• Call Comcast immediately and cancel cable + phone (leave Internet-only)
  • If you are not on a contract with a cell carrier right now, call Cricket or T-Mobile and switch.
  • Other than picking up subs/sandwiches at Publix, no more eating out from now until closing. Absolutely no Wendy's, Pollo Tropical, or anything over $6 per person
  • No Starbucks between now and closing
  • Anything else that you can short-term sacrifice to save

FYI, I lived in Fort Lauderdale on under $40k/year until the early 2000s. If you count college years in North Florida, I was even a homeowner on under $25k/year. You can totally cut back expenses significantly between now and closing in all likelihood.

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JuztVZ
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Re: Mortgage APR 4.96% - too high?

Post by JuztVZ » Wed Mar 22, 2017 9:51 pm

BrandonBogle, gotcha, to clarify we have $65k including what is earmarked for down payment. That would leave us with 5K in the emergency fund, which would be used for any closing fees and we'd still fall short.

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Re: Mortgage APR 4.96% - too high?

Post by orca91 » Wed Mar 22, 2017 9:54 pm

Do you have a Roth IRA you could withdraw from, or a 401k to take a loan from? This may be a case where doing one of those to avoid PMI could make sense.

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JuztVZ
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Re: Mortgage APR 4.96% - too high?

Post by JuztVZ » Wed Mar 22, 2017 9:56 pm

orca91, that is an idea that we've had in the backburner. We will have to think long about that one though.

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Re: Mortgage APR 4.96% - too high?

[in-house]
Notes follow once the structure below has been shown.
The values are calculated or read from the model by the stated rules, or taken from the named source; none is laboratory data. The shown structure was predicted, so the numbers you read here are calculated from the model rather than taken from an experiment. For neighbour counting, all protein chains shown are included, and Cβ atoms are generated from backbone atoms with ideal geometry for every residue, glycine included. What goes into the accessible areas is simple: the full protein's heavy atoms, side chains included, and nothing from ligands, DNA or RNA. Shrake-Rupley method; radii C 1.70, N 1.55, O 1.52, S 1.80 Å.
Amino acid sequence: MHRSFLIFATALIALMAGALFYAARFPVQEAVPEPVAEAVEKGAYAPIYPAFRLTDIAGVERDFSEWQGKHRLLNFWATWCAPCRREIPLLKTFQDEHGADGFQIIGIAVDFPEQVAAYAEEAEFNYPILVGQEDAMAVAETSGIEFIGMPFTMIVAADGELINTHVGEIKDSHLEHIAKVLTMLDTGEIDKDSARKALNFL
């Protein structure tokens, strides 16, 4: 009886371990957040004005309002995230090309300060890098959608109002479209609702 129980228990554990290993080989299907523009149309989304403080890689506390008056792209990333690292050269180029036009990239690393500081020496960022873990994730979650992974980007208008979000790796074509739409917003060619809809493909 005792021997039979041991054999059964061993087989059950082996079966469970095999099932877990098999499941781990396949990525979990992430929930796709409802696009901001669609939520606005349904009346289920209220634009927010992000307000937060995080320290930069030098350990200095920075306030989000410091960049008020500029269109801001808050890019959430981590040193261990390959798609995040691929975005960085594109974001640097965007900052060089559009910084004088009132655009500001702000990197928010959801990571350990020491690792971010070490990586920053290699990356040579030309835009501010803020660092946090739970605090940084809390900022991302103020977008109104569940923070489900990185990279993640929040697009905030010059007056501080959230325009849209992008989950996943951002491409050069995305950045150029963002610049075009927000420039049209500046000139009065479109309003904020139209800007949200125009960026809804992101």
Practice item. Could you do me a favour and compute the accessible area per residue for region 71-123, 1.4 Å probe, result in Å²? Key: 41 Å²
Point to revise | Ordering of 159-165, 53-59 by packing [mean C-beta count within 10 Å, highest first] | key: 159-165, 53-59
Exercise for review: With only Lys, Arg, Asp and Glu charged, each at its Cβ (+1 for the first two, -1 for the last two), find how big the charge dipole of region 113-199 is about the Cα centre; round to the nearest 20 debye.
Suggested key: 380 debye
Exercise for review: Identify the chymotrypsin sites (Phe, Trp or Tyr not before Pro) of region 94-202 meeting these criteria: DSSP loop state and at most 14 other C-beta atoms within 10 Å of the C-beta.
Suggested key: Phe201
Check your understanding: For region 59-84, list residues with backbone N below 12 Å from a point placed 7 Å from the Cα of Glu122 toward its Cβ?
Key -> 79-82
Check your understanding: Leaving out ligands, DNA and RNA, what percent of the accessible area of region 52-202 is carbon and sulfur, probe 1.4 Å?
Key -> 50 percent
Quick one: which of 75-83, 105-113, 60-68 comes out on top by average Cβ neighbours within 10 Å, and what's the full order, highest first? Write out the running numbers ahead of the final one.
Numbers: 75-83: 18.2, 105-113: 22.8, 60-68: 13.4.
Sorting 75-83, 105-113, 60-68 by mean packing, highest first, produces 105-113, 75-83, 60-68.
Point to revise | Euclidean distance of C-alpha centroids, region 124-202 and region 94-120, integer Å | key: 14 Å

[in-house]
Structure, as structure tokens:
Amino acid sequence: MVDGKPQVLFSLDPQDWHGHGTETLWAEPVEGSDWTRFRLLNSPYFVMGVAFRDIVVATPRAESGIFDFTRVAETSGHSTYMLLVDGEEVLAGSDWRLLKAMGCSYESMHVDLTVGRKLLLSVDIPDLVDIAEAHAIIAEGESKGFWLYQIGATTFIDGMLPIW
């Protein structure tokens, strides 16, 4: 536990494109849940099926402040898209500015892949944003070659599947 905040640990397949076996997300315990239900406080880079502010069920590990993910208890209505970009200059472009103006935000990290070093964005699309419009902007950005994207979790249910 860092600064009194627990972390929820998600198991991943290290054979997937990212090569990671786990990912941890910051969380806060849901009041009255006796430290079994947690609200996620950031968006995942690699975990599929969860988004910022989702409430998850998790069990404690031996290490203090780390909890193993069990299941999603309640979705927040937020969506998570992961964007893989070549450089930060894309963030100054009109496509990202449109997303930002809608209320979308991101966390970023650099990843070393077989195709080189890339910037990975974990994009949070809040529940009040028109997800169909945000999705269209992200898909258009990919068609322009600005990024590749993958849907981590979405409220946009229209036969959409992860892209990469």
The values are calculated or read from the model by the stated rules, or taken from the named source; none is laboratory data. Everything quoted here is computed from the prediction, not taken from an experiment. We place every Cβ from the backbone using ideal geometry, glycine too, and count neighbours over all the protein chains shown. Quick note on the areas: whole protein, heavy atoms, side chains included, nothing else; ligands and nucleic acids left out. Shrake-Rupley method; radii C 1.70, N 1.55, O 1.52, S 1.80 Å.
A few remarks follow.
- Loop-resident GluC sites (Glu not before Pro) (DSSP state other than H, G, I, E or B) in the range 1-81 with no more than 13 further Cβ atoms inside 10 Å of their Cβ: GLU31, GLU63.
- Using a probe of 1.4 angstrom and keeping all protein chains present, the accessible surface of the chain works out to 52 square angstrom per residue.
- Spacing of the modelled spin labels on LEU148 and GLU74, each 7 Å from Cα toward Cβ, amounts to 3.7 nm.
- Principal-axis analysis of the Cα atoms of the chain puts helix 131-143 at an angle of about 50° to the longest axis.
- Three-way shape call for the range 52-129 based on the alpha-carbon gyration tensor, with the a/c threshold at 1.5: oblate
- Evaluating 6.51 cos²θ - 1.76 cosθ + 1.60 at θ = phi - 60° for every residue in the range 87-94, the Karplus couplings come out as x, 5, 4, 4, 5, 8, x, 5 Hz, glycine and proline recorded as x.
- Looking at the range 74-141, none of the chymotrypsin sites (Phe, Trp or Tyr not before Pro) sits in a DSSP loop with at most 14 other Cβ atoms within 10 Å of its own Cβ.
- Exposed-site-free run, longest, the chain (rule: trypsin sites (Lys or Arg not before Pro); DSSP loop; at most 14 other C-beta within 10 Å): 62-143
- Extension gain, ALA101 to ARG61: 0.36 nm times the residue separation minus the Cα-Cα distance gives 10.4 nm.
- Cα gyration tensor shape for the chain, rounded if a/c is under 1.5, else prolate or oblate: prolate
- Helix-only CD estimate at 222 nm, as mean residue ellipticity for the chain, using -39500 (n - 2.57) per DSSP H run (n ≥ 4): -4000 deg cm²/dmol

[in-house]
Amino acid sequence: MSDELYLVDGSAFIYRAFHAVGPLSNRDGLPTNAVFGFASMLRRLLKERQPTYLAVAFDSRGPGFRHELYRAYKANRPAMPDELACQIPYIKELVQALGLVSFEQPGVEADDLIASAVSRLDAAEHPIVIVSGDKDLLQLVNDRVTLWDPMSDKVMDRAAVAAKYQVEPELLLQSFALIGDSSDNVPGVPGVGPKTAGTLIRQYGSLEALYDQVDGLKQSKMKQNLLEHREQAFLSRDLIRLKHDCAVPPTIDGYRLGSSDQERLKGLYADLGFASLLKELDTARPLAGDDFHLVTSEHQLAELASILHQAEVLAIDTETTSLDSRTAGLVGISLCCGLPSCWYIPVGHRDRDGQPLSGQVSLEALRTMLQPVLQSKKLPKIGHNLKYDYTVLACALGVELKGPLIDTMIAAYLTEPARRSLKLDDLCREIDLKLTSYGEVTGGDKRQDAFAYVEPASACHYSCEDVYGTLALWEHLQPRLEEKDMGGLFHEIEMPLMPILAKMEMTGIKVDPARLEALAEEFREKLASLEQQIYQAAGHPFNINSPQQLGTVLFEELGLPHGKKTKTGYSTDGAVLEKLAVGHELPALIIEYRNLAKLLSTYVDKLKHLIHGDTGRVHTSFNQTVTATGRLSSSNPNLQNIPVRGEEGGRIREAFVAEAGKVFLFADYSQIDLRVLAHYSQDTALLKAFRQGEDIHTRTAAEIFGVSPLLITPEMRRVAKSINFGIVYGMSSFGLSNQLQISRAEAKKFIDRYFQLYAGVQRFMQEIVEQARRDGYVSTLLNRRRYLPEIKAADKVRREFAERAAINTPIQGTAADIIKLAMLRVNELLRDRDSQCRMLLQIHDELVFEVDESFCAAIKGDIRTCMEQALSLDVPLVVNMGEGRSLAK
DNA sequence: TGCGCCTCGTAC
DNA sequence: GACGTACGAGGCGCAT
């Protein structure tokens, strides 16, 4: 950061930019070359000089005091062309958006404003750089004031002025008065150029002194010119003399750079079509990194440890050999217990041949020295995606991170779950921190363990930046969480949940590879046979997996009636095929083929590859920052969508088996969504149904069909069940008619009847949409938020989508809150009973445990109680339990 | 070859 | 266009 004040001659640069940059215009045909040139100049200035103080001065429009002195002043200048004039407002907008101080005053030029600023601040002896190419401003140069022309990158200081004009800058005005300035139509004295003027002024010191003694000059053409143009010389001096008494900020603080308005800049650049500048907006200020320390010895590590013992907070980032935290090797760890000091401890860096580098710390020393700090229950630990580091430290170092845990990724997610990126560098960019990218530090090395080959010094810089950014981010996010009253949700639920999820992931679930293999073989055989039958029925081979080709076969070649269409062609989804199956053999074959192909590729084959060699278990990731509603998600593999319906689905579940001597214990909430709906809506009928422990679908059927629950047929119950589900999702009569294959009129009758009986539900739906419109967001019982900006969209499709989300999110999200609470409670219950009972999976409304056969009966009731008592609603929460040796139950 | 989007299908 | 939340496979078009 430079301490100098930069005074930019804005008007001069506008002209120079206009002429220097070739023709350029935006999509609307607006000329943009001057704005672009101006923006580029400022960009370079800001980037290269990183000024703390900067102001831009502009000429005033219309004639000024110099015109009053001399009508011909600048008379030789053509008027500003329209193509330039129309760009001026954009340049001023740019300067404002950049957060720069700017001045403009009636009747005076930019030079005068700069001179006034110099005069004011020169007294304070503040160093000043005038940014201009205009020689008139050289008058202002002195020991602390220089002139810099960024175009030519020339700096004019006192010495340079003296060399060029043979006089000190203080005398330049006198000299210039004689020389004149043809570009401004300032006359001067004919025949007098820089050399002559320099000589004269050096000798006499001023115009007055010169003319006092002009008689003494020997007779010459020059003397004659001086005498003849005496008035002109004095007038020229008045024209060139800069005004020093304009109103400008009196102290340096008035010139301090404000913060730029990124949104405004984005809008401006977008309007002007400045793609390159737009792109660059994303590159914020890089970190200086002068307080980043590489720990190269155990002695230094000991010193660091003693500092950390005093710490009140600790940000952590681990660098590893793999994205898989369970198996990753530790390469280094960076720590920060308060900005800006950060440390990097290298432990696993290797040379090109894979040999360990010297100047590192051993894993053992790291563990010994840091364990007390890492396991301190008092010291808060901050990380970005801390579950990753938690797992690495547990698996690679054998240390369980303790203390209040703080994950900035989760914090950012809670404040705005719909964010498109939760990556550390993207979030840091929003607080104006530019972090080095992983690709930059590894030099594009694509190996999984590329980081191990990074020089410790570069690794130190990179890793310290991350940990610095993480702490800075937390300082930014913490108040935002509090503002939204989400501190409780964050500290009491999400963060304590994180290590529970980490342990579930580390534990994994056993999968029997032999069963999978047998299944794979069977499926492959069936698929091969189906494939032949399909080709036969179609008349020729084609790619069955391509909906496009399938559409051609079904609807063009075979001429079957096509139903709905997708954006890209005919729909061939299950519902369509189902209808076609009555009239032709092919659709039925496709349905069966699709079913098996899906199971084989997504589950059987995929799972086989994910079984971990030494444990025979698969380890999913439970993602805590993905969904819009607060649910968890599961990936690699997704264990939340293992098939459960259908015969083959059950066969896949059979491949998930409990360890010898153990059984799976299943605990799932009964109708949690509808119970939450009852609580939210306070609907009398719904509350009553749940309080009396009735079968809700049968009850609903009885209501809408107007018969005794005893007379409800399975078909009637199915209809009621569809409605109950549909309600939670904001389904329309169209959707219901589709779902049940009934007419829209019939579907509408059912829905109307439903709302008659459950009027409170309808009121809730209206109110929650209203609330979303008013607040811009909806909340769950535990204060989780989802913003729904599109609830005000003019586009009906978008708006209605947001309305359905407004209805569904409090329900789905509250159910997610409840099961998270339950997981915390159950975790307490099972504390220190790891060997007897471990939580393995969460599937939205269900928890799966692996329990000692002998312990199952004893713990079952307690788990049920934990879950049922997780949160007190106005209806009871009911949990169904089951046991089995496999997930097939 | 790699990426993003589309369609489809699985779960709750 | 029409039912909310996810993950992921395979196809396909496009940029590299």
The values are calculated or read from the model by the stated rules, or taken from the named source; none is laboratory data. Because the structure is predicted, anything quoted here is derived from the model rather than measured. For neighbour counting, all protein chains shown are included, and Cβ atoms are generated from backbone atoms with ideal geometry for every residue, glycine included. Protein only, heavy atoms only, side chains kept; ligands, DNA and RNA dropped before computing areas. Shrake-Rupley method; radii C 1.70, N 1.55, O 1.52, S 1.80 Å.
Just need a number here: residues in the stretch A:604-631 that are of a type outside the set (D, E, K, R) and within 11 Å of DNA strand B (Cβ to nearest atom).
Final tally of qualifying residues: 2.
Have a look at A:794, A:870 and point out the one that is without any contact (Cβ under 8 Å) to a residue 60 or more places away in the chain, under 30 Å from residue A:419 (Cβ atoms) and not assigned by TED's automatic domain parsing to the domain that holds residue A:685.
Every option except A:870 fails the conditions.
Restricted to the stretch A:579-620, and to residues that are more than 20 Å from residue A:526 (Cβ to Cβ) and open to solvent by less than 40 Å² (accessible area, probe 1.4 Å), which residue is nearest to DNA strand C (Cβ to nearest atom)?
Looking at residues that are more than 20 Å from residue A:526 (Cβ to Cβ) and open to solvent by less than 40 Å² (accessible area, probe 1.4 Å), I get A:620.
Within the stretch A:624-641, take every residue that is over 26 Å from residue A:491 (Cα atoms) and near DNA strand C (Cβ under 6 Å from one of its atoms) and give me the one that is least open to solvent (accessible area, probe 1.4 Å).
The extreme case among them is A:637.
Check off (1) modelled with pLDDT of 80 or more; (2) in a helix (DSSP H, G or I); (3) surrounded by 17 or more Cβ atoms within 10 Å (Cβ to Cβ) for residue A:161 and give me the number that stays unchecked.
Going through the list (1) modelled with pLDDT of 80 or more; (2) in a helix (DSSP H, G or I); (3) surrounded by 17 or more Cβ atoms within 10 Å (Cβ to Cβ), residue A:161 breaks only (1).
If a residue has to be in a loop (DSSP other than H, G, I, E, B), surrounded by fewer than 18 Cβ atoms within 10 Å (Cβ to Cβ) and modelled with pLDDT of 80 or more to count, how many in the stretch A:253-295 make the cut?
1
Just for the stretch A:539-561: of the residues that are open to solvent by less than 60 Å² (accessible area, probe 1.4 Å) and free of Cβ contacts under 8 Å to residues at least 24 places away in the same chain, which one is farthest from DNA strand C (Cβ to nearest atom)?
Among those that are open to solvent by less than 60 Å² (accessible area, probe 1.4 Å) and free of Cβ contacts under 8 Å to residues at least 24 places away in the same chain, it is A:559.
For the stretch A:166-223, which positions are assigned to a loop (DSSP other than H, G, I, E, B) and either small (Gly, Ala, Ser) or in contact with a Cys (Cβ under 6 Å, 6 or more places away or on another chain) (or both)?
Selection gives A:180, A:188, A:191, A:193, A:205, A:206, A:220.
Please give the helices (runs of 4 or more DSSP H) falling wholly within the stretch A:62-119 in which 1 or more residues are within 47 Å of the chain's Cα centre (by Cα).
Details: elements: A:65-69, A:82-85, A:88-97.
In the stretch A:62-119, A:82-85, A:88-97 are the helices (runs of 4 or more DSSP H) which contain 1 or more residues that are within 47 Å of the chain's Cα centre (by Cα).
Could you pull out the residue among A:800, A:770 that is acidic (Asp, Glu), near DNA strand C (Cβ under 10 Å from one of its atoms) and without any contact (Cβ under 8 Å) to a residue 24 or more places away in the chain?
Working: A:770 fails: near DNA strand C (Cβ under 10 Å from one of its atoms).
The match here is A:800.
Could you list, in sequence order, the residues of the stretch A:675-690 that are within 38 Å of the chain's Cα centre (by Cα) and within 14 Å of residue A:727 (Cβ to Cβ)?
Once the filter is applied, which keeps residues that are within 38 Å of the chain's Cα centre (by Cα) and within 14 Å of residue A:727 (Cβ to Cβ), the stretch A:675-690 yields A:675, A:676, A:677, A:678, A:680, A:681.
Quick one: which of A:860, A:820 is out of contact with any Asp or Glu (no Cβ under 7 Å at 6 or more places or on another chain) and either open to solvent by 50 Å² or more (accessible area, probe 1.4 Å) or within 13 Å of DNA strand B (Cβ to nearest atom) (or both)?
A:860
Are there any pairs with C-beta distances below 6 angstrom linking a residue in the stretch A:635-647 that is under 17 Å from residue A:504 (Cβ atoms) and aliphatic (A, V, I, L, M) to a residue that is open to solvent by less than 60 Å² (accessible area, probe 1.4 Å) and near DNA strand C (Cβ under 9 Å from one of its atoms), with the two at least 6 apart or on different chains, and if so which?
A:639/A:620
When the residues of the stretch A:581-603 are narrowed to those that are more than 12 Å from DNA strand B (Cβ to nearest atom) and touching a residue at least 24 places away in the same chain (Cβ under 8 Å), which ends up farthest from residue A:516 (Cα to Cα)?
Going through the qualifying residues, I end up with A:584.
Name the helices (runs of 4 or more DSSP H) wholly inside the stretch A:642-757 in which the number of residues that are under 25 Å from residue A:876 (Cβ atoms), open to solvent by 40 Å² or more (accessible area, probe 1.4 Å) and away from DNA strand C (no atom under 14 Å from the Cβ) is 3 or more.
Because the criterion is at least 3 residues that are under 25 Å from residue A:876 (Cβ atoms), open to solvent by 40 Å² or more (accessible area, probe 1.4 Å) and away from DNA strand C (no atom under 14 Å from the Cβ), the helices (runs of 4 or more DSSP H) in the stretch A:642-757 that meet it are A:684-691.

Post by Raryn » Thu Mar 23, 2017 7:17 am

sunny_socal wrote:I put your numbers into bankrate.com and out popped 4.125%

Considering the following factors, your quoted APR is not that bad:
- You're a 1st time home buyer, more risk
- You're not putting down very much, more risk
- Credit score is ok but not excellent, more risk
- Bankrate.com probably quotes on the low end of the scale (teaser rates), actual rates likely higher

You can probably get a lower rate if you shop around. As a 1st time home buyer we went through a big "Brick & mortar" bank (Wells Fargo), the rates will definitely be higher at big banks compared to online direct lenders. Find a local mortgage broker if you want to quickly and easily get a lower rate, or head over to aimloan.com or amerisave.com.

Are you paying PMI because of the low down payment? Start planning on an exit strategy ASAP, the PMI is money down the drain. (ie. figure out a way to get 20% equity as soon as possible.)
How close are bankrate.com rates to reality typically? I'm in the process of looking at mortgages myself and have 3 quotes from reputable banks that are within 0.1% of each other, but the ones listed on that website are another 0.4% lower! (And me and my SO have ~790 credit scores, 20% down, etc)

If those are truly obtainable, I might have to go back to the drawing board, but I'd really rather not give my phone number/email out to yet another set of companies to harass me for a few days if it's BS.

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JDCarpenter
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Re: Mortgage APR 4.96% - too high?

Post by JDCarpenter » Thu Mar 23, 2017 7:31 am

Raryn wrote: ...
How close are bankrate.com rates to reality typically? I'm in the process of looking at mortgages myself and have 3 quotes from reputable banks that are within 0.1% of each other, but the ones listed on that website are another 0.4% lower! (And me and my SO have ~790 credit scores, 20% down, etc)

If those are truly obtainable, I might have to go back to the drawing board, but I'd really rather not give my phone number/email out to yet another set of companies to harass me for a few days if it's BS.
In our case last year, they were dead on. (I think it was bankrate; at least it was one of the online quote generators....)

But, we were probably close to a best case from an underwriting standpoint. (Refinancing halfway through a 10 year jumbo to a 15 year conventional with greater than 50% equity, credit scores above 800 (one of the advantages of being over 50!), no other significant debt, and household income more than double the amount of the loan sought.)

Bank of America, despite the touted platinum honors discount, couldn't come close.
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Re: Mortgage APR 4.96% - too high?

Post by ZenInvestor » Thu Mar 23, 2017 8:05 am

JuztVZ wrote:We are in our 30s, debt free (except for two car loans) and have enough saved in the emergency fund.
You are not debt free.

Angelus359